7 Pet peeves for teachers (and how to fix them)

Trish Riley
Trish Riley

We all become infuriated with little things that bother us – especially the moments that inspire that nails-on-the-chalkboard feeling of absolute annoyance. 

These 7 pet peeves are some of the most pervasive for many teachers – but there are ways to reduce the stress.

  1. Interruptions to instruction. Classes get disrupted by PA announcements, and students being called out of class. The best way to manage disruption is to build in some cushioning to your daily agenda. Instead of having a rigid bell-to-bell plan, build in moments where students can work more independently or explore content on their own. That way the entire lesson won’t fall apart when instructional time is cut for everyone.
  2. Being “voluntold” for class coverage. In this unwelcome age of extreme teacher shortages, those left standing are asked to cover for missing colleagues. If the load is getting heavy, keep a record of how coverage interferes with time needed to plan instruction. Then, collaborate with colleagues (who are likely in a similar boat) to think about how a rotation might distribute the work more fairly. If teachers approach leaders with a solution in mind, they are more likely to be open to making changes.
  3. Anything that compromises planning time. Those minutes each day to plan for instruction are precious, but they are often impinged upon. While it can be hard, we need to tell people what bothers us if they continually make demands on our time. If our time continues to be violated, regardless, then explore what is allowed contractually, and what other options might exist for doing the requested work – and make it clear that this time is essential for supporting students effectively.
  4. Phrases like “holiday again” or “short day, short year.” Ah, the people who think teaching is a walk in the park. You know – the ones who have never been teachers. When someone utters any sentiment that implies that teaching is easy, stand proud and tell the truth. Talk about the nights of planning and grading without overtime. About continuing professional development and required training. About how one reason so many teachers experience low morale is that their endless hours of work are not supported by a matching salary. This may not change anyone’s mind, but at least you will feel better for speaking up.
  5. Assumptions about dress and professionalism. Teaching is a highly active job, one that necessitates comfortable clothing and footwear. For anyone who suggests that it’s unprofessional to wear sneakers in a position that involves chasing seven-year-olds around, it’s our job to educate them. Be clear about what the job looks like: hours on our feet without breaks to eat or use the bathroom, not to mention the physical output active teaching demands. Or, just stop the conversation with something like: “What I wear is irrelevant to the quality of my work.”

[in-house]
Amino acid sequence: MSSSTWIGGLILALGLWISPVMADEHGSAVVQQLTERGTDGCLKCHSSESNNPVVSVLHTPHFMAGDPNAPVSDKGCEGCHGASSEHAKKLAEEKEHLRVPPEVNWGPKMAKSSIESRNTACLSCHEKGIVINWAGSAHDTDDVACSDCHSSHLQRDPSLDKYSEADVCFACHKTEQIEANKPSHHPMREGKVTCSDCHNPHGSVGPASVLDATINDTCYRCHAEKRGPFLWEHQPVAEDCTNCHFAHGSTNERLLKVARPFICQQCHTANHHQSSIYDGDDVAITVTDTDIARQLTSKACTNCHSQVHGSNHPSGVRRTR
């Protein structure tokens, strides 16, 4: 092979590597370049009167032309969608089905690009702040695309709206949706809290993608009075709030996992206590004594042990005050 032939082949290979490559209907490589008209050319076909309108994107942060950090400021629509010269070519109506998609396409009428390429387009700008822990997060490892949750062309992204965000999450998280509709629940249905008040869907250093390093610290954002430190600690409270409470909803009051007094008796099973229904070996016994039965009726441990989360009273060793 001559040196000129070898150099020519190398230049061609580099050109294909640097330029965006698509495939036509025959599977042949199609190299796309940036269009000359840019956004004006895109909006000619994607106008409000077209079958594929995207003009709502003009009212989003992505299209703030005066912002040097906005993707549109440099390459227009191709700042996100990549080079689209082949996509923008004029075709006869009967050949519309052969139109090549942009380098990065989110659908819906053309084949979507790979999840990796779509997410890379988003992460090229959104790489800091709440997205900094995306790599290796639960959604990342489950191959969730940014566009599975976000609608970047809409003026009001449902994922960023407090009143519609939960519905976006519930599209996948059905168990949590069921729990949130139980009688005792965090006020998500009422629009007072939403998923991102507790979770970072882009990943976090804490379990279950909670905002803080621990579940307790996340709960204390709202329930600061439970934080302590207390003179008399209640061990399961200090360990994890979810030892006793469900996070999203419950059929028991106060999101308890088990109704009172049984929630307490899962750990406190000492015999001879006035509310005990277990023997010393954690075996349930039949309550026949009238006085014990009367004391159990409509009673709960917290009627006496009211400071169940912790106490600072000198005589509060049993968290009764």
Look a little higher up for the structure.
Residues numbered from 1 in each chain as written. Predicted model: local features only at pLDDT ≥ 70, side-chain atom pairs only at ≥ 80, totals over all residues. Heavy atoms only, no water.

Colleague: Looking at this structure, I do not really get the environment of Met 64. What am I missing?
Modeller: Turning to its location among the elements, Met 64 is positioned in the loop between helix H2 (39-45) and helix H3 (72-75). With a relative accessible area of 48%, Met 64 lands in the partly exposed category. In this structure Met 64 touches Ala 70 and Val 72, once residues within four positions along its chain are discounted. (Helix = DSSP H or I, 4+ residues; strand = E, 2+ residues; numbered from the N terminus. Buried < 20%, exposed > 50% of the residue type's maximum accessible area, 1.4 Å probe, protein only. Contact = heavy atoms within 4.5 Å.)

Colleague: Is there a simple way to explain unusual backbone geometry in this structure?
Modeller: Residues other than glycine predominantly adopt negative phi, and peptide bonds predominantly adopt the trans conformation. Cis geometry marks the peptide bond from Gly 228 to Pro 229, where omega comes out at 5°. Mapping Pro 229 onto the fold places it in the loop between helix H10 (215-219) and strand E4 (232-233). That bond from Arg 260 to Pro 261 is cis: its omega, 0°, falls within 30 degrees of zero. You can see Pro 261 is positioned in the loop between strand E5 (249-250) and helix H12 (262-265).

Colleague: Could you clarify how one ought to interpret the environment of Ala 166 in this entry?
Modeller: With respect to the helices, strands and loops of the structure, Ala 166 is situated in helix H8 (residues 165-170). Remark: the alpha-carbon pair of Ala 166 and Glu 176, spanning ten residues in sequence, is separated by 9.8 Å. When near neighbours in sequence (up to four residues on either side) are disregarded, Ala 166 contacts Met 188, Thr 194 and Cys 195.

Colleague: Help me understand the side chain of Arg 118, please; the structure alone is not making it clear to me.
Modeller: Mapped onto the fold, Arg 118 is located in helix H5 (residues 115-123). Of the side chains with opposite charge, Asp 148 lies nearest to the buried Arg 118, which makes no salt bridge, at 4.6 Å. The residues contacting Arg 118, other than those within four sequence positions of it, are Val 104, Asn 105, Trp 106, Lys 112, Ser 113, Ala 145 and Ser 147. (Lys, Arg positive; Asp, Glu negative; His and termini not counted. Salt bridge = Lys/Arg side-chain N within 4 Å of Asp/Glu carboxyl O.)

6. Unsolicited advice from non-educators. Nobody appreciates being told how to do their jobs, especially if they didn’t ask. For teachers, it is far too common for people to believe they have all the answers, just because they once sat in a classroom as a student. If possible, ignoring what is often well-intentioned might be the best course of action, or perhaps saying a terse and deadpan “thank you.”
  7. Challenges to our expertise. Many teachers feel respected as professionals within their school communities and by their students’ parents or guardians, but only 46 per cent of teachers saying they feel like the public respects them as professionals. When challenged, teachers typically respond with, “Oh, yeah? Want to take my job for a week and see how you do?” Unfortunately, any response will come across as defensive, so as painful as it might seem, a well-placed eye roll might be the most appropriate response to anyone who thinks that teaching is not a job requiring skills and expertise.

It can be difficult not to give into pet peeves for teachers and respond to them productively, but when we are aware of them and have a plan for what to do, they’re not as powerful. There are so many ways that an otherwise happy day of teaching can go sideways with elements outside anyone’s immediate area of control. 

As the old poem instructs us, “Keep your head about you.” And yes (to paraphrase), even when everyone around us seems to be losing theirs – and blaming it on us.

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Trish Riley is a Zimbabwean-born writer and communications specialist. With experience in journalism, and public relations, Trish has been developer and editor of several trade publications and regularly contributes articles for diverse sectors including aged care, animal care, construction and education.